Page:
News

In today’s world of non-stop reportage, social journalism, and grab-and-go newsfeeds, brands need to respond to breaking news quickly. Financial firms likely have a vested interest in an economy threatening to fall off a cliff, while a home furnishings company may want a voice around sudden news of housing-market improvements. Traditionally, this type of responsiveness has been the domain of brands’ owned and earned media channels to get a message out quickly.

But the rise in real-time ad buying has created a new opportunity for brands to own their destiny in the face of unpredictable news and events. As a result, there are now paid-media opportunities to add to your marketing arsenal.

For example, let’s say you lead an airline brand and a competitor is under fire for repeated mechanical issues and associated delays. This provides the perfect opportunity to proactively message your own carrier’s investment in the newest fleet of planes, or highlight a positive track-record of on-time arrivals as a counterpoint to your competitor’s negative press. Or, should a massive heatwave suddenly hit the headlines, it’s a natural fit if you market sunscreen, air conditioners or convertibles. There are endless examples of cases in which a brand could benefit from getting a controlled message out in the marketplace rapidly.

But quick is only half the equation; of equal importance is ad adjacency. How does this work? When news breaks, the marketplace is flooded with new inventory – the ad space adjacent to editorial news coverage. Leveraging paid media in conjunction with earned and owned channels can be extremely effective in influencing consumer perception, particularly when relevant ad messages appear directly beside related, breaking-news content.

This is uniquely possible with RTB, where the inventory neither pre-exists, nor can it be purchased in advance. Capitalizing on these programmatic opportunities, within the ad exchanges, brings a real-time marketing approach to ad campaigns based on granular news triggers.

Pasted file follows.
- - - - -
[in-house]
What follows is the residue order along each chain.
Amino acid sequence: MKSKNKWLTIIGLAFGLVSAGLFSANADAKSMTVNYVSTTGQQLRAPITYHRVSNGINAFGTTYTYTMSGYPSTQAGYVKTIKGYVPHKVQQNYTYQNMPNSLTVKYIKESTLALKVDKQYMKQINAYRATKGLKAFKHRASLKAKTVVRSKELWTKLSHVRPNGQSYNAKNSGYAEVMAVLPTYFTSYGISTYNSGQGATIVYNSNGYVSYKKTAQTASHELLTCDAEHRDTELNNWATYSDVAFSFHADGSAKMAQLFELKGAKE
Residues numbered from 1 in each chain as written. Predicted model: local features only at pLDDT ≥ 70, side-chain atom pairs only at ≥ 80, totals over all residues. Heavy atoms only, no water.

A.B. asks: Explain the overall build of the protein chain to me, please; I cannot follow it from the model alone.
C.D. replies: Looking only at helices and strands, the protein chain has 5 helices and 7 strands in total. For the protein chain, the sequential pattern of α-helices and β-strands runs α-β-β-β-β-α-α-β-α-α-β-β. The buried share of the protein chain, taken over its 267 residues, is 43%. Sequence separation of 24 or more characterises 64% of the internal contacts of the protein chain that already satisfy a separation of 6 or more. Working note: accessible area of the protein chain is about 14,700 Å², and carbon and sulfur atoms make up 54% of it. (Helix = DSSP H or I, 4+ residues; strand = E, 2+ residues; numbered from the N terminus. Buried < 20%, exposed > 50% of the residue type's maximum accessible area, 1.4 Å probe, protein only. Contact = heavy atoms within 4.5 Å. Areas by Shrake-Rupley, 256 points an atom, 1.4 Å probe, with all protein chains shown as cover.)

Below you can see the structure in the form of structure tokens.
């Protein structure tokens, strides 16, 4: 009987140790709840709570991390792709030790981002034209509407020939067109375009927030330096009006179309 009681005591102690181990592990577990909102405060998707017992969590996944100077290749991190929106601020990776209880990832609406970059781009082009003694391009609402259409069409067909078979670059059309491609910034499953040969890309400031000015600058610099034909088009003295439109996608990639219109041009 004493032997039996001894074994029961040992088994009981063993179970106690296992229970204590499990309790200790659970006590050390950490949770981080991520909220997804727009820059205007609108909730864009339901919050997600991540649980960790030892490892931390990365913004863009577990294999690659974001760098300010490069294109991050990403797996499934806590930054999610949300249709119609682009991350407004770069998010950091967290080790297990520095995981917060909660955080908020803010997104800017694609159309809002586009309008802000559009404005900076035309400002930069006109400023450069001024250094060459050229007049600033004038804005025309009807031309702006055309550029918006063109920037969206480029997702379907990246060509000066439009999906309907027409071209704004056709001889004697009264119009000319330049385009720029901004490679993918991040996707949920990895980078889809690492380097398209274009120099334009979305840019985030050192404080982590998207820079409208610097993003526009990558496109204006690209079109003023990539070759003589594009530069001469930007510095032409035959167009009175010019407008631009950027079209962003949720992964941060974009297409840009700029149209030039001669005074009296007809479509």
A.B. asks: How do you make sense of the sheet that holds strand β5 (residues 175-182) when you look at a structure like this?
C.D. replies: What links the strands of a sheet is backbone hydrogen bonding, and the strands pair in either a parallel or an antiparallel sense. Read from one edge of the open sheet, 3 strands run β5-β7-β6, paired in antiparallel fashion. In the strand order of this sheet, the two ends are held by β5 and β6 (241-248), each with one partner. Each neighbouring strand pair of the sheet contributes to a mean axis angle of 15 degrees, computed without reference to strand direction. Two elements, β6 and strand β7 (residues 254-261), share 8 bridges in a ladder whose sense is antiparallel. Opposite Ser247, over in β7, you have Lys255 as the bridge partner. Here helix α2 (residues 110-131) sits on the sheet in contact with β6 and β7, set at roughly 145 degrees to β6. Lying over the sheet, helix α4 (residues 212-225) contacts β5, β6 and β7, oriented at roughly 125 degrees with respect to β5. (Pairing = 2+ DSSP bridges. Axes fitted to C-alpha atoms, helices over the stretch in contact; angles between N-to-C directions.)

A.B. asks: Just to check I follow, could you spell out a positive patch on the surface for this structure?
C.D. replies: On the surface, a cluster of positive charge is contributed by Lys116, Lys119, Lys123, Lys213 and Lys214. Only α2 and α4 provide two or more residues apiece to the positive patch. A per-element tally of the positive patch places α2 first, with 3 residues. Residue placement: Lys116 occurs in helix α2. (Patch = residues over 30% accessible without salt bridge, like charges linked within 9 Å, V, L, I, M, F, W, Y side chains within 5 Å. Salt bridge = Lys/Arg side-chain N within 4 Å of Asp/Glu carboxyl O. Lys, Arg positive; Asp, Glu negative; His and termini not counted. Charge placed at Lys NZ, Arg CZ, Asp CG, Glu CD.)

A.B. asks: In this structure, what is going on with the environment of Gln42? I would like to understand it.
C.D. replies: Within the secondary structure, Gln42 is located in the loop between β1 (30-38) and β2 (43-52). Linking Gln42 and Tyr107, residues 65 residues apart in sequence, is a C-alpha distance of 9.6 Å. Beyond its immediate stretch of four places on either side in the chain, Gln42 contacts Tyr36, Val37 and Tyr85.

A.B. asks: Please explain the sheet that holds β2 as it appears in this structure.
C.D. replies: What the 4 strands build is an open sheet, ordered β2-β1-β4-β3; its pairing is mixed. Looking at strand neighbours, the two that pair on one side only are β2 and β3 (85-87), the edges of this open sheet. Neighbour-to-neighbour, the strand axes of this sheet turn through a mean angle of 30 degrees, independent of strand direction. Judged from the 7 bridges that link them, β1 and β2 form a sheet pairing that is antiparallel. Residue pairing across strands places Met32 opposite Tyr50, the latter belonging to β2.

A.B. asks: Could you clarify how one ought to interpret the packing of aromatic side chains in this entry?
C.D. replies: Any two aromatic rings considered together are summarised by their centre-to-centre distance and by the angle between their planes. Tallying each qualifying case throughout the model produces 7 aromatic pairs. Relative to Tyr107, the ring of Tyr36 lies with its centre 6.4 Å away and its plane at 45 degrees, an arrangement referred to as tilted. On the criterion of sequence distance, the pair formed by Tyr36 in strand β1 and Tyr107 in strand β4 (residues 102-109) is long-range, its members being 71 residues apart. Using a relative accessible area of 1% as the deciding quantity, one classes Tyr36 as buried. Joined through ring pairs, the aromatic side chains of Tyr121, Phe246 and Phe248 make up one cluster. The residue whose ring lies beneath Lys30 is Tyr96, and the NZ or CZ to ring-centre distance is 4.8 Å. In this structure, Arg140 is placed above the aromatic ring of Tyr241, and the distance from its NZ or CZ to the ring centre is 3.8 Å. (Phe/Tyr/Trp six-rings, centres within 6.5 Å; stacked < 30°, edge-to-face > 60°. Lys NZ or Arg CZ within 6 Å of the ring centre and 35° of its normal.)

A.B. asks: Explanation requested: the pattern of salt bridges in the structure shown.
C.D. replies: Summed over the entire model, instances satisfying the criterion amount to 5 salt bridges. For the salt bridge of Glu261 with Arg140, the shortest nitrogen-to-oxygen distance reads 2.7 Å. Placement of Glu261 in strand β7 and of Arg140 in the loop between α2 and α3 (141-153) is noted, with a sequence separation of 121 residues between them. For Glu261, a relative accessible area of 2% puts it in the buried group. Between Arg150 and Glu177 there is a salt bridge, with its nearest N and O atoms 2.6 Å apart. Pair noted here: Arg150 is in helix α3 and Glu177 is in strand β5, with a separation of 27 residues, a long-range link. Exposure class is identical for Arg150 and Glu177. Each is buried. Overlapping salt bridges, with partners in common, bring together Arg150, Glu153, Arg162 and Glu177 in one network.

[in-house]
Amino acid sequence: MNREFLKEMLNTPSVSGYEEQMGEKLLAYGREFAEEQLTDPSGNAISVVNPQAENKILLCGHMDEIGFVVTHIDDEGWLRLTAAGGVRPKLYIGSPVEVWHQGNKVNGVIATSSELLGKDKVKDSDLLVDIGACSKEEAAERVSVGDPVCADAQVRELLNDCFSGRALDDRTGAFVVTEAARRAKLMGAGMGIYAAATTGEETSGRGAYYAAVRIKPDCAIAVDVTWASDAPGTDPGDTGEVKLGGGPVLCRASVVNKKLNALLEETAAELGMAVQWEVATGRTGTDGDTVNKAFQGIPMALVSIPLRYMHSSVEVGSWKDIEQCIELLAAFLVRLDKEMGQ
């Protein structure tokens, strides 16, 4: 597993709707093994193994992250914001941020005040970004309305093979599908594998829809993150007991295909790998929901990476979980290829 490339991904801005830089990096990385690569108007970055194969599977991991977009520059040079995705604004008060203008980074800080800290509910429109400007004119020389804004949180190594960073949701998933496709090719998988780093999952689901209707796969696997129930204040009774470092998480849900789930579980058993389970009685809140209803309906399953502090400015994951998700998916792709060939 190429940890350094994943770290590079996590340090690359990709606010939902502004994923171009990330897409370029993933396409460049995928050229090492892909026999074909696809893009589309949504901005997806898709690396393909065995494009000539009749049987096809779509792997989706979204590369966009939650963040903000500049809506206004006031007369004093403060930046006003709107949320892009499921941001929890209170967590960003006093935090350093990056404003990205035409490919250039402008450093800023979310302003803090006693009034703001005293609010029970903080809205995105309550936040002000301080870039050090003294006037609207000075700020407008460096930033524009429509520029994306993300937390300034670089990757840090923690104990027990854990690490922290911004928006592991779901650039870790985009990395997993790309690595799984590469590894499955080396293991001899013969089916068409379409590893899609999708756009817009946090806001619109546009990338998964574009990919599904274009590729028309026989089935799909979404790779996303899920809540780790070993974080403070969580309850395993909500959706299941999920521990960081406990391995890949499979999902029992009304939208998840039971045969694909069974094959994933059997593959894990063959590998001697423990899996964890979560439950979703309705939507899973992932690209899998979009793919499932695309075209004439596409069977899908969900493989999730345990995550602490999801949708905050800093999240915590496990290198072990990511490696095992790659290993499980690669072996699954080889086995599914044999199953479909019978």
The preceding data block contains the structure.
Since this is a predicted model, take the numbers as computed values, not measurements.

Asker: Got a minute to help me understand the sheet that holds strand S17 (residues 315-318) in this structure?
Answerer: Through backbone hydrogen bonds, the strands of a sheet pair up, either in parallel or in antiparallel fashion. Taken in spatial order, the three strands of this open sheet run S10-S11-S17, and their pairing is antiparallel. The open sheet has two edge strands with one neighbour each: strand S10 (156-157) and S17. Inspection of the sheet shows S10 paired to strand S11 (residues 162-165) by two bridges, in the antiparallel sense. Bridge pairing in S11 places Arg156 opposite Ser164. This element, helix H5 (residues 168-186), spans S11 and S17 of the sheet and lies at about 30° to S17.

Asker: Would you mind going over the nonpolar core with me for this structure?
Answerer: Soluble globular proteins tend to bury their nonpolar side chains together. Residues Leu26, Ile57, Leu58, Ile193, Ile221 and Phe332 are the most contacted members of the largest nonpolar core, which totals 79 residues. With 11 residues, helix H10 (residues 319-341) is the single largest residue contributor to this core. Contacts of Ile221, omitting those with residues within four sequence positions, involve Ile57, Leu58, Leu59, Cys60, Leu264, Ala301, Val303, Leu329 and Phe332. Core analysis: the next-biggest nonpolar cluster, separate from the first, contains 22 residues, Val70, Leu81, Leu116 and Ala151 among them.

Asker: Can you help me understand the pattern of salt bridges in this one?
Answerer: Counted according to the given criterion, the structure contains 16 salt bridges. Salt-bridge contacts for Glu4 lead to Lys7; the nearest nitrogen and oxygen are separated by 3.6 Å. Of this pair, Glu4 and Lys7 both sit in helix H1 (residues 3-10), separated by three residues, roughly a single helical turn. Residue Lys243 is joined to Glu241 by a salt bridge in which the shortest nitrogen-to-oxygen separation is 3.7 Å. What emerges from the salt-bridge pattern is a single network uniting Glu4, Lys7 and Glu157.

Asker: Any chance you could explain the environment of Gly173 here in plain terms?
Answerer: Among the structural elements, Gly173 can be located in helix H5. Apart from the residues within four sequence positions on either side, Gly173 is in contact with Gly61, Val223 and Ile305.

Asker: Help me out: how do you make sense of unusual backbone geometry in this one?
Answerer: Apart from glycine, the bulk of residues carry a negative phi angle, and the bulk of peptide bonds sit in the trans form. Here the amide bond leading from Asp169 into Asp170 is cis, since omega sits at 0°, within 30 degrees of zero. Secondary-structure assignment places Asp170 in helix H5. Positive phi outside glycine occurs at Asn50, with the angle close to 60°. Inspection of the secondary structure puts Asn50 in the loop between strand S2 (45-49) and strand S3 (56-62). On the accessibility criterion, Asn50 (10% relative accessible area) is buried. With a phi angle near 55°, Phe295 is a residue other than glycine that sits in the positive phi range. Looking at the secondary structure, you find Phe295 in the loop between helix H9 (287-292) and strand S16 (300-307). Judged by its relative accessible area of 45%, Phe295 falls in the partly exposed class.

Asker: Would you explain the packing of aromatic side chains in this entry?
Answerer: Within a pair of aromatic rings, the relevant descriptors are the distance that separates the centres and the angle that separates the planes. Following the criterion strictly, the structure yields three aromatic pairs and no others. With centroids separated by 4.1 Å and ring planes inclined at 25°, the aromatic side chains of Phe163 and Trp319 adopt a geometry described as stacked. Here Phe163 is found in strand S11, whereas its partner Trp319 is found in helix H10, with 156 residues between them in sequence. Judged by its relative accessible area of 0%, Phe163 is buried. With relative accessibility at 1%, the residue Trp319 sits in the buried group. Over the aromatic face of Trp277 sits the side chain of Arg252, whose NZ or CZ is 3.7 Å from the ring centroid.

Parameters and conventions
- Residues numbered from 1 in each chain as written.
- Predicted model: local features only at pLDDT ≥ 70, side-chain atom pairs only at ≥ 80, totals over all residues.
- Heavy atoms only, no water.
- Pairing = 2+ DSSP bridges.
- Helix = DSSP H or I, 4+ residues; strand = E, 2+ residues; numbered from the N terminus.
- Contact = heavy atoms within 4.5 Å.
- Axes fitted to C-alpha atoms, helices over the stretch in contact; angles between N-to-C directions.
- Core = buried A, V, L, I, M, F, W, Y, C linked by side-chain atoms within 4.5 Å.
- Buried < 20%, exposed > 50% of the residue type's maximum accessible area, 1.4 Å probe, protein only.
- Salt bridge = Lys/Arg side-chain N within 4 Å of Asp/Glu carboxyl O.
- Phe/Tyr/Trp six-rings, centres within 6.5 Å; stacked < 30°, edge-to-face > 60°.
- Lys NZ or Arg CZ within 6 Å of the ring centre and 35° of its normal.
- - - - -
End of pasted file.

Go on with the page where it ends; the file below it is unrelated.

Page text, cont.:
All the rules of brand-safe media buying apply twofold when dealing with unpredictable news and events. Be mindful of the limits of keyword targeting in programmatic buying – which are bound by literal interpretation and subject to linguistic ambiguity. What’s more important is to enlist deeper, concept-based targeting of the news content associated with every impression. This understanding is a key piece of the equation for brands to ensure they don’t inadvertently cause a faux pas that perpetuates a crisis cycle.

A brand surely would not want to advertise next to coverage of its industry mishaps, which would devalue the message. However, if you’re a consumer banking company marketing a zero-fee credit card at a time when banks are being fined for misrepresenting their credit services, it’s the perfect opportunity to tee-up a rapid response campaign – including creative you may already have in market – but aligned with the inevitable stories about smart ways to avoid credit card fees and related editorial.

There’s an opportunity to think a differently about opportune ad campaigns, particularly as they relate to programmatic buying. Doing so gives brands another strategic option in their real-time toolkit around both strategic brand messages and crisis-driven opportunities. In this case, a little advance planning could translate to an exceptionally relevant voice, and a big impact.